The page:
Is it practical?
Those three words make up one of the most commonly discussed concepts in the martial arts community (and those who any sort of passing interest in becoming involved in it). People – practitioners, wannabes, fans, press, kids, adults, men, women, and every combination therein – want to know if any given martial art is practical. Perhaps they’ve seen some sport sparring at tournaments or on TV and they want to know how well a given martial art will do in a ‘real world’ situation. Most people assume that one of the various mixed-martial arts are more viable than a traditional form because they’ve seen UFC fights.
Of course, everyone is a proponent for their own system — Bruce Lee fans love Jeet Kune Do, Gracie fans love Brazilian Jujitsu. Others are fans of Krav Maga or System or any one of a hundred other modern systems. I’m quite fond of Red Dragon Karate, Aikido, and Judo!
But what is the truth, really? Are any of the martial arts or their MMA cousins practical and effective in a real world self-defense situation.
From what I’ve seen, no. None of them are.
Now, before anyone jumps on me (especially Shihan Casamassa or Sensei Mike from the Red Dragon school I train at), let me clarify that statement. The systems themselves are nothing without what the practitioner brings to the table. If you just practice your katas or your self defense forms as they are taught, without an eye towards training for the world-at-large, then there is a very good chance they will fail you.
In other words, out of the box, none of the systems are going to save your bacon in a confrontation. Sure, you might get lucky and pull something off. There is also a chance lightning will strike your attacker and take them out for you.
The best way to think of any of the systems or techniques they teach is as a set of tools for your self-defense toolbox. The ones that work best for you are the ones you have used and are most familiar with…and the only way to gain that familiarity is by putting in the extra work with those tools. Knowing how to do a push block or a rising block is one thing, but grabbing a partner and training those blocks with someone actively trying to hit you is an entirely different animal.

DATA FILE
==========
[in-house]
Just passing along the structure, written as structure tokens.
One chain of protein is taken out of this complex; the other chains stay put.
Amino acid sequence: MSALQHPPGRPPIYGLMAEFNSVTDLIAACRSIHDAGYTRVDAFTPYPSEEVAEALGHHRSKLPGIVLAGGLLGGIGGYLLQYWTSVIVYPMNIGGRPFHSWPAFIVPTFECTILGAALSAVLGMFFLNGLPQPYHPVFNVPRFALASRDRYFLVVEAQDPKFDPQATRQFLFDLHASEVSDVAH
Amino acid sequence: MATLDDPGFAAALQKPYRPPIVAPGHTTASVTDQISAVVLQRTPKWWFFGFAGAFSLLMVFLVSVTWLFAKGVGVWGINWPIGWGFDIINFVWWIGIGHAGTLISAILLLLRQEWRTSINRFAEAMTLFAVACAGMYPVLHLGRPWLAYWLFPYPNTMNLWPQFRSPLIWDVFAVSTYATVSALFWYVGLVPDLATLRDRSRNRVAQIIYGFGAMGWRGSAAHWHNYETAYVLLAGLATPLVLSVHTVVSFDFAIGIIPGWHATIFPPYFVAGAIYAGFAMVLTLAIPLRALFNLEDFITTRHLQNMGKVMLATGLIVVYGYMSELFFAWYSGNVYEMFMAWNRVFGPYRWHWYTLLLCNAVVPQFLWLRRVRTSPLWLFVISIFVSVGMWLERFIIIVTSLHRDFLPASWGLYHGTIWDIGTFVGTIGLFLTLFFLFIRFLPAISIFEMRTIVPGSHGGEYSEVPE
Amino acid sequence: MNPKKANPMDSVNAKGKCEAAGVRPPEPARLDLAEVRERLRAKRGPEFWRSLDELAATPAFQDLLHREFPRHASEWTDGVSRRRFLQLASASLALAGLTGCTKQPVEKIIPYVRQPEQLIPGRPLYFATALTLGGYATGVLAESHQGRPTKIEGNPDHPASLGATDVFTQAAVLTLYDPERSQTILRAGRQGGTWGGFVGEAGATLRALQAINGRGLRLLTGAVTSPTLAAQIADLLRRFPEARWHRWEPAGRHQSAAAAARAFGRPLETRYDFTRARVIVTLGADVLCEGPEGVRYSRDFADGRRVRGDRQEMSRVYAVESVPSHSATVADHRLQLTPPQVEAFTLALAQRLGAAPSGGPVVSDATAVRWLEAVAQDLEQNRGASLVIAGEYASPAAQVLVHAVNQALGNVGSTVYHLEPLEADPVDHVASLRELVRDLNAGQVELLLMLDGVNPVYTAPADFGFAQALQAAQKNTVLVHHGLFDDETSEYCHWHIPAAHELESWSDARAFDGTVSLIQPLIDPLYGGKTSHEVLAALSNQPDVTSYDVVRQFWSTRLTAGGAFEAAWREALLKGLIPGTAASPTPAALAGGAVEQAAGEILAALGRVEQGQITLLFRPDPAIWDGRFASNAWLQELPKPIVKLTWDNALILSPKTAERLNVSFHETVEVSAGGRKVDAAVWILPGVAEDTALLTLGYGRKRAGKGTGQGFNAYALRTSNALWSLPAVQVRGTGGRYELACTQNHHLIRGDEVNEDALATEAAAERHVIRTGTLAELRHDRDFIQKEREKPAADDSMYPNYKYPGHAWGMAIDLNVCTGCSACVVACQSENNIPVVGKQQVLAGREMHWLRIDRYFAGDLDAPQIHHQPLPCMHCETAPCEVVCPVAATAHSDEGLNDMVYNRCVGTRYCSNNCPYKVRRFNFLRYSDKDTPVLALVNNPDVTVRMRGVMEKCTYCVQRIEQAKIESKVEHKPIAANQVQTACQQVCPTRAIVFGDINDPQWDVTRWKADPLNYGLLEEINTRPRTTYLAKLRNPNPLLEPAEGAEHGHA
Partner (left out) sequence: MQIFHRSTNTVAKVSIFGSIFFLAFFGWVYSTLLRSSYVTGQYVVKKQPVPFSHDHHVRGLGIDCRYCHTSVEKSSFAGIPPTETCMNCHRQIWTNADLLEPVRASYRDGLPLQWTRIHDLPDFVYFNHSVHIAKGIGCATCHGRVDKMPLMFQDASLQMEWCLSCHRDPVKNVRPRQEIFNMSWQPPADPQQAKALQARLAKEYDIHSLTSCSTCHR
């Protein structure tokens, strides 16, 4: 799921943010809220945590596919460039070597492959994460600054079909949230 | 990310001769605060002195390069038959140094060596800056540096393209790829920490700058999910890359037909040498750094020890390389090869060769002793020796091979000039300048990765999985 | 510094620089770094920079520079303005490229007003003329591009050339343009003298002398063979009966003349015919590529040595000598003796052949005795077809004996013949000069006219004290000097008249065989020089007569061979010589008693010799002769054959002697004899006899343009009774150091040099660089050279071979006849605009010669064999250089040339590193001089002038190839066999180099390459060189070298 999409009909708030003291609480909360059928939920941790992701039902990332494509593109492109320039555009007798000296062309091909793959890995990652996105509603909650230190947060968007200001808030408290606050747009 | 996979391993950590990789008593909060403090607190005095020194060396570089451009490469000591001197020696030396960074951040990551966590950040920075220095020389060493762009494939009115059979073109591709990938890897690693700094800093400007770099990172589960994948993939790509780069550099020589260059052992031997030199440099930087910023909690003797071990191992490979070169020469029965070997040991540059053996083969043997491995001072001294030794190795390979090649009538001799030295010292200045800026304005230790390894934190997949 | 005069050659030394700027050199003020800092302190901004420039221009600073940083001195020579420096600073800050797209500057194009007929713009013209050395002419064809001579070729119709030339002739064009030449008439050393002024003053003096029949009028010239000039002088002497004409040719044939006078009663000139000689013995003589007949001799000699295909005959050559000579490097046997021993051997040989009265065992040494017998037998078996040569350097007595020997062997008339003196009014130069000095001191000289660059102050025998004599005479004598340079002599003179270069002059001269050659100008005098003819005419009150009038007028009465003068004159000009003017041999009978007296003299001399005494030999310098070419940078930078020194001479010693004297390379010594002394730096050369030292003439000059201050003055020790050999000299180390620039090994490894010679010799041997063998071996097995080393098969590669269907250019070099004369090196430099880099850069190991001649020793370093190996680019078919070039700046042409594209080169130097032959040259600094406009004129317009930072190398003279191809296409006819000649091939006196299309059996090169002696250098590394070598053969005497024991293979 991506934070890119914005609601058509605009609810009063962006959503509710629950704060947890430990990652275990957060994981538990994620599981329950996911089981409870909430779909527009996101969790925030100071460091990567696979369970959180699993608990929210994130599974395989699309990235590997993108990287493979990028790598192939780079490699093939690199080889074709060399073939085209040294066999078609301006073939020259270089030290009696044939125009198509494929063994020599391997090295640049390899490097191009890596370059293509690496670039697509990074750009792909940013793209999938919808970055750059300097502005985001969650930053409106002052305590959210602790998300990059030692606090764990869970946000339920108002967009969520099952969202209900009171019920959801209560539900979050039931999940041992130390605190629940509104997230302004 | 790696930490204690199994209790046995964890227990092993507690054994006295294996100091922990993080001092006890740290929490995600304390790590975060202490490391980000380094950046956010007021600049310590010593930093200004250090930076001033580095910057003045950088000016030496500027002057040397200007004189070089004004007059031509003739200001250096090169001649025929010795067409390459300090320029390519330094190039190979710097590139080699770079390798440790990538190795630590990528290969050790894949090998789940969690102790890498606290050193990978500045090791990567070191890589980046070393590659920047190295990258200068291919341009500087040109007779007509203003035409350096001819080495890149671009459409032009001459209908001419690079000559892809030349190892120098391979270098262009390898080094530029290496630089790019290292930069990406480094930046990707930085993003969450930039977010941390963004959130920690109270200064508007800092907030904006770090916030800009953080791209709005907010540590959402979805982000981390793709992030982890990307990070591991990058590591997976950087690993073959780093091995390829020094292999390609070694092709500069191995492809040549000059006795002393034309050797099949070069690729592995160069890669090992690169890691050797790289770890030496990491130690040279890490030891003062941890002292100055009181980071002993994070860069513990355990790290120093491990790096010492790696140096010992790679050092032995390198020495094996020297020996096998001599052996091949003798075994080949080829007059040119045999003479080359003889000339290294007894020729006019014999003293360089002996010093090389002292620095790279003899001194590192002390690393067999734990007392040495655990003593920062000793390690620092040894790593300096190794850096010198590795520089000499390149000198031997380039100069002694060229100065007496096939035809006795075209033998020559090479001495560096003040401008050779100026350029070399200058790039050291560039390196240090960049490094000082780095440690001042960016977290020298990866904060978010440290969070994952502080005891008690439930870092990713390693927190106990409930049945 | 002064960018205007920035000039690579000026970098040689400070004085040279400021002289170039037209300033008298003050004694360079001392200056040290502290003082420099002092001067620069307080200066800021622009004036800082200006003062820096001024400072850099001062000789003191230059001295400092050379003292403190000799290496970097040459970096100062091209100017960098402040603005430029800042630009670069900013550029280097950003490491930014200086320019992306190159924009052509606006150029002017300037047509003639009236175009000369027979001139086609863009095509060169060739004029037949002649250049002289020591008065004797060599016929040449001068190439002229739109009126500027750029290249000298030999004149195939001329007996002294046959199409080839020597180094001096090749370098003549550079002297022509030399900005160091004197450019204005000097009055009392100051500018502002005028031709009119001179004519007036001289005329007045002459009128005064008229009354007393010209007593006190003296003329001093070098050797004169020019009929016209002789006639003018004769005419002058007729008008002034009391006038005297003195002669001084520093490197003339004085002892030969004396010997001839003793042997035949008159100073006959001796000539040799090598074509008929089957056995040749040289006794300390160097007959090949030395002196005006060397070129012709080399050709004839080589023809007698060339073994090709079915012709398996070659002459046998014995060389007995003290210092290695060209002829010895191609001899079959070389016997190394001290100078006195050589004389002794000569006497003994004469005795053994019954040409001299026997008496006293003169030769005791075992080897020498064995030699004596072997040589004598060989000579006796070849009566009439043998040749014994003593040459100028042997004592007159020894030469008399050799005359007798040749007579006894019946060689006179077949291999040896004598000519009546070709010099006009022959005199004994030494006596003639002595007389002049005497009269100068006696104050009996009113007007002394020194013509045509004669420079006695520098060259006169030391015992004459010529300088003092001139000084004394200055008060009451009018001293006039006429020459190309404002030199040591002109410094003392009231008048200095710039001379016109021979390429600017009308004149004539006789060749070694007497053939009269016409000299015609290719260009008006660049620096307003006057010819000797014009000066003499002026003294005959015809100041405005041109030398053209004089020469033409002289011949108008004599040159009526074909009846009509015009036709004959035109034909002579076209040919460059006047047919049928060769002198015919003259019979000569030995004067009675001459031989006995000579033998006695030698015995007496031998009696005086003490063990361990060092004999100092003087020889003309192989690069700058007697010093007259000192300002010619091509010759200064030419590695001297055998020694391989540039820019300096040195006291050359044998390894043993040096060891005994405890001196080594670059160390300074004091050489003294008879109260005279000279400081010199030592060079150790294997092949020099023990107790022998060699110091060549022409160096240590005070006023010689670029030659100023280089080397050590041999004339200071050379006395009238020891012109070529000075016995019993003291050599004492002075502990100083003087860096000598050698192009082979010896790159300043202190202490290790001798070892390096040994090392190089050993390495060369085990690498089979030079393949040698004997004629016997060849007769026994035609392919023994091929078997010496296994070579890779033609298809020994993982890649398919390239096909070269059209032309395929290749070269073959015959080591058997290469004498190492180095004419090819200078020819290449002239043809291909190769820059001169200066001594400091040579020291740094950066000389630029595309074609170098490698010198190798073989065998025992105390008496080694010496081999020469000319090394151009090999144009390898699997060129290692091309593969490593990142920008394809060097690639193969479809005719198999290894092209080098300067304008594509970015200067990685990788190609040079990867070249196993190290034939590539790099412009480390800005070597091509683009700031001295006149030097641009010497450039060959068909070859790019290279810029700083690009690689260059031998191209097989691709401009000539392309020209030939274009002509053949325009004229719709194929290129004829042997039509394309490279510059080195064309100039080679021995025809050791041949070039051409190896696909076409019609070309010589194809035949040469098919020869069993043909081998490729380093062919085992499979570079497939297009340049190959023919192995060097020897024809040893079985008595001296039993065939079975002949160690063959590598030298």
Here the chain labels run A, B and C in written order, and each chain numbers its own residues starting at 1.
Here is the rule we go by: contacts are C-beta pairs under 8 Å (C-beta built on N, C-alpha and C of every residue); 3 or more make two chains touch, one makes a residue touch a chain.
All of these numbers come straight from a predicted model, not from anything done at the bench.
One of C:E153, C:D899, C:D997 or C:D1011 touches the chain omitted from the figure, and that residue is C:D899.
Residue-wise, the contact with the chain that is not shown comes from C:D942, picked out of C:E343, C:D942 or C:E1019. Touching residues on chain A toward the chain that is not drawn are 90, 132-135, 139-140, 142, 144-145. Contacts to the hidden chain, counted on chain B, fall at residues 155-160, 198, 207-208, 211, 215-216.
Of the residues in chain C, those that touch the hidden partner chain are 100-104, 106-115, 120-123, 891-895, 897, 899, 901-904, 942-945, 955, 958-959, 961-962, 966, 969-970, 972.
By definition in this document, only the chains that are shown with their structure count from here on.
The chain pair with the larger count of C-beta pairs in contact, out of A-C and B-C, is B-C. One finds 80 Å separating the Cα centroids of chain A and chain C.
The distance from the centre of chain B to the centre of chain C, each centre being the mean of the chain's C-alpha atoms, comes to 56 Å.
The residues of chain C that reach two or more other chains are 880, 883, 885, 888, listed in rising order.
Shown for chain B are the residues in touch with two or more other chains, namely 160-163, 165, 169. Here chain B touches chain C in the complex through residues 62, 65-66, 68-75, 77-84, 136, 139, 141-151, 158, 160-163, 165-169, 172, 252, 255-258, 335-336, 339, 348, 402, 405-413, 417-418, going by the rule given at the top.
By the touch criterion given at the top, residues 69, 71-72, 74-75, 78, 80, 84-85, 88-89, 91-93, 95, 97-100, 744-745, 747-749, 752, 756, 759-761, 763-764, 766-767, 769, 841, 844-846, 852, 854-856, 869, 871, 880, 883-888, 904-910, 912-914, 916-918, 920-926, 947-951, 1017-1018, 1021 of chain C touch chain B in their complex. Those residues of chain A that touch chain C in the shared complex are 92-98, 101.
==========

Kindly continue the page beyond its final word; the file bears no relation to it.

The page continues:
Think of it this way: a box of tools can’t built a house on their own, but you can if you know how to use them properly. The same goes for the martial arts: a kata or any other form won’t protect you. However, taking the base knowledge of the form you’re given in class and understanding how it can work on the street (through practice) can help you. The martial arts are as much about what you are putting into them as they are about what you’re being taught. You’re given a seed in class. It’s up to you to plant that seed, to water it, and to watch how it grows.
Yes, even the systems I’ve been trained in are like this. In both Aikido and Red Dragon’s American Form Karate, there are self-defense forms taught which, if utilized as-is, aren’t realistic or effective…BUT, nearly every one of them can be tweaked into practical application. I’ve reworked a number of them that I’ve used when sparring against an former Olympic boxing champion AND when I was grabbed by an overly-rambunctious fan at a bar. The techniques didn’t save me – how I adapted and made use of them did. This will be true for forms from any martial arts system out there.
So, to answer the question again: No, no system on its own is completely practical. However, all of the systems can give you a foundation to help yourself. If you’re looking for a active/real-world self-defense training, your best bet is to find a form you enjoy (karate, hapkido, judo, krav maga, systema, JKD, whatever – almost every system will have material that can be adapted to real world usage) – then find a school, and, more important, find a teacher who will help you push your learning in that direction. A lot of teachers will be more than happy to work with a student on real world application for self-defense. From there, it’s all about what you do with the knowledge and training you’re being given.
Learn your tools. Become familiar with them. Repetition is your friend (once you’ve got the muscle memory in place, you won’t have to think about using a move…it will become natural and instant). Get creative with your practices and work with someone who is trying to hit you – someone who isn’t ‘working with’ your movements.
Oh, and the only sure way to protect yourself is to be aware of your environment and to avoid being placed in a situation where you need self-defense. That ‘situational awareness’ can be worth a thousand martial arts classes.
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